The default system for the resolution of disputes is a court system provided by the state. Alternatives to that system are known as Alternative Dispute Resolution (ADR).

ADR is generally recognised as comprising arbitration, mediation (and perhaps conciliation) and early neutral evaluation or expert adjudication.

In business disputes mediation is the most recognised form of ADR. Mediation is a speedy, cost-effective and private form of dispute resolution where the parties seek to achieve consensus with the assistance of a neutral: the mediator. A mediator does not decide anything, still less binds the parties by any decision. The mediator uses joint (plenary) and private sessions with each party to assist the parties to reach consensus. In private sessions the mediator will challenge and question the thinking behind the position adopted and explore alternative approaches.

We represent parties in mediation and who are in, or may be contemplating, litigation or arbitration. We help them to put disputes behind them and avoid the personal and commercial effects of costly and lengthy proceedings. Parties also find mediation attractive because of its high success rate (typically over 80%) and because it allows parties to craft bespoke solutions. A settlement can be structured to include arrangements which could not be obtained from a judge or arbitrator such as restructuring a trading or business relationship.

We adopt a commercial and cost effective approach to disputes. We take care to understand our clients’ commercial objectives and undertake a detailed analysis of the risks and benefits of all stages of a dispute. We proactively seek the most advantageous time for a mediation, we anticipate what arguments might be raised and what opportunities might arise at a mediation and develop strategies to deal with them. We advocate our client’s position robustly and constructively at the mediation. We also appreciate that some cases do not settle on the day of the mediation but can be successfully concluded in the weeks afterwards, building upon progress made during the mediation.

ADR & mediation expertise

  • CEDR mediation
  • Independent mediator
  • CEDR mediation
  • Independent mediator

ADR & mediation experience

  • Achieved a six-figure settlement for a development funder against solicitors for applying the loaned funds in breach of trust by failing to obtain a valid charge on the development site.

  • Acted for a company laying sub-sea cables in a dispute with the diving team as to whether the cable was in the correct position. As that was the fundamental issue, the mediation was adjourned whilst an expert considered available sub-sea video evidence to determine whether the cable was in the correct position.

  • Acting for the agent, we obtained a six-figure settlement sum in a dispute where the principal had initially denied all liability.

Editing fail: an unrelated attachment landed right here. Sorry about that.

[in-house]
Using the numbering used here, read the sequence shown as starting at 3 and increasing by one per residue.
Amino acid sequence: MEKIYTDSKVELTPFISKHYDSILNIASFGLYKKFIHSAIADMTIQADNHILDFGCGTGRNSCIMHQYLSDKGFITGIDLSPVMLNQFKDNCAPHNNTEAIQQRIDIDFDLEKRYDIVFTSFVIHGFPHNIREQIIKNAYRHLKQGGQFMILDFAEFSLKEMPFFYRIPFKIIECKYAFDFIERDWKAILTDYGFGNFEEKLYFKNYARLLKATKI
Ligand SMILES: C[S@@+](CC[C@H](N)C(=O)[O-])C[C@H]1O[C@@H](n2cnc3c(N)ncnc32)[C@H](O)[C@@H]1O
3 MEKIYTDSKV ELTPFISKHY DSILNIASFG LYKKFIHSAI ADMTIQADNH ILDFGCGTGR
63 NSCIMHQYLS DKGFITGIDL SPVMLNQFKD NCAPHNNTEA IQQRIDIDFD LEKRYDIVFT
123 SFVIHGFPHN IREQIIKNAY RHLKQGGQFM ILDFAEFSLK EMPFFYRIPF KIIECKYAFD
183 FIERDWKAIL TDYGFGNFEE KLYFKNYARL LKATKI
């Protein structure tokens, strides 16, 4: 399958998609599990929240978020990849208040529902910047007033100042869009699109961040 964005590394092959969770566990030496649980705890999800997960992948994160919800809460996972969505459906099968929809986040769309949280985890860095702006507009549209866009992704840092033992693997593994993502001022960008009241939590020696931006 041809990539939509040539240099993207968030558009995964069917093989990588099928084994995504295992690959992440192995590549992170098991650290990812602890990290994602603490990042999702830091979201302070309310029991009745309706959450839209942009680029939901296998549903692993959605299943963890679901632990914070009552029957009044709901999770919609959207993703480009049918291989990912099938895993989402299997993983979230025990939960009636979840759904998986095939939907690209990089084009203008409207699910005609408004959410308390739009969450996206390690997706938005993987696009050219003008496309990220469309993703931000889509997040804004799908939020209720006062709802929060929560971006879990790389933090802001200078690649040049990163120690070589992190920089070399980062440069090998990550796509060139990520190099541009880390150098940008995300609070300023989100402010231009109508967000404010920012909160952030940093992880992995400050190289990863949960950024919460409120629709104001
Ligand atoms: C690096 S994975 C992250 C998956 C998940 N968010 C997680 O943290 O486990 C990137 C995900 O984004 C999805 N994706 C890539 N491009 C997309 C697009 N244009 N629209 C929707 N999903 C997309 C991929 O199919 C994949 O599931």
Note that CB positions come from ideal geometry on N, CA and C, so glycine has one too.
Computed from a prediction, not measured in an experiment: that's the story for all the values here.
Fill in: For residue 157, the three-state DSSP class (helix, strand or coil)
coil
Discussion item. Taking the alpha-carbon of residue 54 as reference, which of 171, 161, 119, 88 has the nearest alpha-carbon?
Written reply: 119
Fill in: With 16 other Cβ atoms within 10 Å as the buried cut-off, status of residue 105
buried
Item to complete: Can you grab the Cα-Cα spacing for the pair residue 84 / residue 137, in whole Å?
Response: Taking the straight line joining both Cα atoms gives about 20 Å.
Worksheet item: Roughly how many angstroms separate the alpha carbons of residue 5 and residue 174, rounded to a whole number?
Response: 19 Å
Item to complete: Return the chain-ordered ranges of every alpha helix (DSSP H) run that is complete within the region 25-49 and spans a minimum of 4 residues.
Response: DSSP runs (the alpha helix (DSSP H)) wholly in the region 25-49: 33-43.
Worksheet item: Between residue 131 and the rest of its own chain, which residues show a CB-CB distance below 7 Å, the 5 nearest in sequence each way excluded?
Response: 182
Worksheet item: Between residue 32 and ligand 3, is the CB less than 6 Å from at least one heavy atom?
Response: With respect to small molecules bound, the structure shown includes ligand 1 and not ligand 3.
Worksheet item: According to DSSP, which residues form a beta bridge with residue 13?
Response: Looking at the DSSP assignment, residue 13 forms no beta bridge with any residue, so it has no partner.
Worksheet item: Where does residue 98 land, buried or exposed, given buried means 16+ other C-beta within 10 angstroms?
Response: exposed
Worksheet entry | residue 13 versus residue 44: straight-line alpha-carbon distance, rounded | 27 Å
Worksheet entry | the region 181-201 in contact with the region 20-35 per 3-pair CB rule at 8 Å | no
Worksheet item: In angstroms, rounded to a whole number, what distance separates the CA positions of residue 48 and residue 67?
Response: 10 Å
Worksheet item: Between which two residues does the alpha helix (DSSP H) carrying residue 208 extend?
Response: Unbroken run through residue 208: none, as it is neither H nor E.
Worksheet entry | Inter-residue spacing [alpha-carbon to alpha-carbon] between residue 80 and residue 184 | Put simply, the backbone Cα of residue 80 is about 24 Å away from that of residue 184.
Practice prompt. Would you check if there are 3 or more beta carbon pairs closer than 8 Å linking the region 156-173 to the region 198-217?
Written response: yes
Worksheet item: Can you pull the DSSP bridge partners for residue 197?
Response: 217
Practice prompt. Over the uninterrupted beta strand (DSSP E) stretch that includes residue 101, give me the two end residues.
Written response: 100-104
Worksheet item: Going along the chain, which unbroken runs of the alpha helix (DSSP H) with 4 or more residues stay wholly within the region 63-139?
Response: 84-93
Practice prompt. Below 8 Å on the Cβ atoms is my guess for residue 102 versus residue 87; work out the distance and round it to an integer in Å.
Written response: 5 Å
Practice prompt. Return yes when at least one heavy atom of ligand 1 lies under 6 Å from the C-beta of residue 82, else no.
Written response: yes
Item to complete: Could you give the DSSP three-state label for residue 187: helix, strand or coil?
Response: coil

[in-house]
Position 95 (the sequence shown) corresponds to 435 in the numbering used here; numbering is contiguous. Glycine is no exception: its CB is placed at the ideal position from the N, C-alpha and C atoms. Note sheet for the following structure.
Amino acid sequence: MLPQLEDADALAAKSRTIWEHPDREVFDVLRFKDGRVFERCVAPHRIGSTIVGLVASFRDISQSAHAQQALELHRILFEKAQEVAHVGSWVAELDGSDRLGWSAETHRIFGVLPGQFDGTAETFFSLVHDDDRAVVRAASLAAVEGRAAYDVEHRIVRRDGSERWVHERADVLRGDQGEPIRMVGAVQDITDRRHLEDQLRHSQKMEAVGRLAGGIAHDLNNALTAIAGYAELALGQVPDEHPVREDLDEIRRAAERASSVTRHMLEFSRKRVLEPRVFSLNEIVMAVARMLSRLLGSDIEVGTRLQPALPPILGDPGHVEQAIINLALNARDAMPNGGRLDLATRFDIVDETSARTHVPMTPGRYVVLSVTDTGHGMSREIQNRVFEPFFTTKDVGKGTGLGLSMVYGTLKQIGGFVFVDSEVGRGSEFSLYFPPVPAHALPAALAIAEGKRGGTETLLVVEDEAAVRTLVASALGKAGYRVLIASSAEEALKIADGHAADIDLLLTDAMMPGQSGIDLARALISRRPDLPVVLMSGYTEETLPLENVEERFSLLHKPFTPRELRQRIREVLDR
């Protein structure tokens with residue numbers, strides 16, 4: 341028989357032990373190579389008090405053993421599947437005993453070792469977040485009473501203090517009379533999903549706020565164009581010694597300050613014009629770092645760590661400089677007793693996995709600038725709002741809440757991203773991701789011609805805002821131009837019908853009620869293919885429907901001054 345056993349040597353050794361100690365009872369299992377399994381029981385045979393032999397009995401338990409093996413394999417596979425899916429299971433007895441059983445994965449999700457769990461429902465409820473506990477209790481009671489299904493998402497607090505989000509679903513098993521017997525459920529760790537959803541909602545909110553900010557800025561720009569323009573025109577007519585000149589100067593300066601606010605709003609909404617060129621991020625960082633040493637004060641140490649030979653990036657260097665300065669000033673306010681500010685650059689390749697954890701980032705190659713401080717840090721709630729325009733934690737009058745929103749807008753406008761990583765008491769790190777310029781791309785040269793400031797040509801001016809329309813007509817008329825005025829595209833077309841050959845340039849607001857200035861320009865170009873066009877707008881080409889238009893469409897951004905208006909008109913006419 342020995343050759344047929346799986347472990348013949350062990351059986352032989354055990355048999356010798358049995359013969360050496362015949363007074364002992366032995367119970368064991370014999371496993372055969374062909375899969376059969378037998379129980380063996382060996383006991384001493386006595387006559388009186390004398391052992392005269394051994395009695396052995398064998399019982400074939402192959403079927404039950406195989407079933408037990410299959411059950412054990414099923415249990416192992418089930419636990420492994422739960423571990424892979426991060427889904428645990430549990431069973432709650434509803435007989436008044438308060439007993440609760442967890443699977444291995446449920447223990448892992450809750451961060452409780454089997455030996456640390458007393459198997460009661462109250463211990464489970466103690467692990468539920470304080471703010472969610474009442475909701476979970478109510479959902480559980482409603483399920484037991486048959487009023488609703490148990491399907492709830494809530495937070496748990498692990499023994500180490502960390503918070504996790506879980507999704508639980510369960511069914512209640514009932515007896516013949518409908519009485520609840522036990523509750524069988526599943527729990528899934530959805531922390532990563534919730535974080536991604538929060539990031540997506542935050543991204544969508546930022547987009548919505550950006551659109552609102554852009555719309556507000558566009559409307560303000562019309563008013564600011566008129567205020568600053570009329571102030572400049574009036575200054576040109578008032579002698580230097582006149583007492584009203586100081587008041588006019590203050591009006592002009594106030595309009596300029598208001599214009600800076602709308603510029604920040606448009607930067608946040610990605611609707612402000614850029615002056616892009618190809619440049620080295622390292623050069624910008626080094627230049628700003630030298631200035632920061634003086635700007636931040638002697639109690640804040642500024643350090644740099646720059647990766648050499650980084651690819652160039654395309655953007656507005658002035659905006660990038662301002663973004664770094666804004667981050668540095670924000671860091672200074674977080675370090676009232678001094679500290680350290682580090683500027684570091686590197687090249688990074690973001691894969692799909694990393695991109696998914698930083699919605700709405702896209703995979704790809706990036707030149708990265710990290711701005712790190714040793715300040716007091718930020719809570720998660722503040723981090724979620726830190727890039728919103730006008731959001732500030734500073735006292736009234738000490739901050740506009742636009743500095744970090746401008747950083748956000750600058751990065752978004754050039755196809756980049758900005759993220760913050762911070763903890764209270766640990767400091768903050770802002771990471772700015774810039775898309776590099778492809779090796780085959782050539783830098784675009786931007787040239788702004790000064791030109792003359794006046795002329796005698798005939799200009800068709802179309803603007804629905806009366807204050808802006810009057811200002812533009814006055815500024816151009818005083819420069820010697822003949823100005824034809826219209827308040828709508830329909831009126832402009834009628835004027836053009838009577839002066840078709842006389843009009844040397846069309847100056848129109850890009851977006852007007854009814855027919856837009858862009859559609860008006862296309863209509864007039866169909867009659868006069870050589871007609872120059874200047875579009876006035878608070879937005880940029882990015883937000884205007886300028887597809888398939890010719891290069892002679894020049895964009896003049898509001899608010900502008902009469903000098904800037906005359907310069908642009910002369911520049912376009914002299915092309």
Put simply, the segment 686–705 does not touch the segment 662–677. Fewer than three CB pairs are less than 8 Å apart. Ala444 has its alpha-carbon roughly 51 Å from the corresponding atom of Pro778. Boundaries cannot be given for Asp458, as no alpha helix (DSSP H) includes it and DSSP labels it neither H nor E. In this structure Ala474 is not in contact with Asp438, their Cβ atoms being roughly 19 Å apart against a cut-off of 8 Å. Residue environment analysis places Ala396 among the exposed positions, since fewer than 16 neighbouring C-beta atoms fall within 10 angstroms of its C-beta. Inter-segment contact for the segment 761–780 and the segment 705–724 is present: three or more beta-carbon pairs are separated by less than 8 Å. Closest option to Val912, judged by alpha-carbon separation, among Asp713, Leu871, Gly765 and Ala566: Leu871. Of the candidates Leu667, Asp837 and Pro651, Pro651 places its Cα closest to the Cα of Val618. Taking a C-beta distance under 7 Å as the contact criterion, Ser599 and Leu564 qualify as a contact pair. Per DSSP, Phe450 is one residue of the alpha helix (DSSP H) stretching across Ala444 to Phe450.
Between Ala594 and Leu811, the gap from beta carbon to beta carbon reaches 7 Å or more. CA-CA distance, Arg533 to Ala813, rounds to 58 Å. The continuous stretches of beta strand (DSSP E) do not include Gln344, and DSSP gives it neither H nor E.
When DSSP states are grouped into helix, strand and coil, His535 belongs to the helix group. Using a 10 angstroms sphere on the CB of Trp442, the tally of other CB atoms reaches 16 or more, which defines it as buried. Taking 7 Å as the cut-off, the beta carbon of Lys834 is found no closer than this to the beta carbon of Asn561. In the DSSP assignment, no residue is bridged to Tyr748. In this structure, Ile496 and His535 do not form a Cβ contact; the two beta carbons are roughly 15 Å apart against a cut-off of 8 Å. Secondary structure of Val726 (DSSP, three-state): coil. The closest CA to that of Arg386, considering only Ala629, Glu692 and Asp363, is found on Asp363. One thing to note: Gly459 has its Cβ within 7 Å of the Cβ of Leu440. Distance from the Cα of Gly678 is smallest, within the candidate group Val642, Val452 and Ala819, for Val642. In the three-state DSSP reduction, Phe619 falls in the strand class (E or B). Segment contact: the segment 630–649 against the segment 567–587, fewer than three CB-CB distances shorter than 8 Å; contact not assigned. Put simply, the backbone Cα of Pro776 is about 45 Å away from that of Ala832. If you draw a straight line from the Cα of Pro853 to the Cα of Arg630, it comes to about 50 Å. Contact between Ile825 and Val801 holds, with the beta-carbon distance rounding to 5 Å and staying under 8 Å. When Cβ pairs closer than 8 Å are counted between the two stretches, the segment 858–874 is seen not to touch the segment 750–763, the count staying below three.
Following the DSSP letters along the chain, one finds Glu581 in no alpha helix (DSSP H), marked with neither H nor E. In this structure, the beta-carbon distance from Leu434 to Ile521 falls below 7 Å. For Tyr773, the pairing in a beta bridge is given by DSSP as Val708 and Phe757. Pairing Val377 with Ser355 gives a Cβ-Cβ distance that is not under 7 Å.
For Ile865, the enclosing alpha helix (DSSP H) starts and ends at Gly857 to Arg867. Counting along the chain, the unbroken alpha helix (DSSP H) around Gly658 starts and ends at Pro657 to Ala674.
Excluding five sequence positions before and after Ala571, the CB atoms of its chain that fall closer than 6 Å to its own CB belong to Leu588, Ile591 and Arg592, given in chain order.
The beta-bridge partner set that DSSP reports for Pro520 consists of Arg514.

• Acted for the claimants against a major bank in respect of a mis-selling claim regarding interest rate hedging products, and obtained an excellent settlement at a mediation.

  • Acted for a minority shareholder aggrieved by being disenfranchised and by the company’s board not similarly disenfranchising another body of shareholders who supported the management. We achieved a buy-out of the majority shareholder stakes.

  • We acted for one of the parties in a substantial shareholder dispute in the media industry, and settled it in mediation the day before the trial.

  • Acted for a grocery household name against a trade competitor for disparaging their products to supermarket customers by presenting false data and presentations. The claims were in malicious falsehood and trademark infringement. We achieved a substantial settlement and letters of apology and withdrawal of the infringing presentations and data.

ADR & mediation FAQs

Litigation is the method of resolving a dispute where a judge decides a case in Court. Mediation is a voluntary and confidential process where an independent mediator will try to help the parties reach a negotiated settlement in their dispute. Mediation is without prejudice, so anything discussed at mediation cannot be used in Court.

This will entirely depend on the circumstances, but usually the chances of a resolution at mediation are high. The Centre for Effective Dispute Resolution (CEDR) has released statistics showing that, in 2016, the aggregate settlement rate for mediations was 86%, based on 67% of disputes settling on the day of mediation and 19% shortly thereafter.

The typical cost of mediation are the mediator’s fees and any legal fees preparing for and attending the mediation to assist you. Mediators fees are usually in the range of £5,000 to £15,000, depending on the expertise and experience of the mediator and the facts of the case. The parties usually split the cost of a mediator, although exact terms may vary depending on the terms of a settlement reached.

No, you are not bound by anything decided at a mediation unless and until you agree to and sign a settlement agreement.

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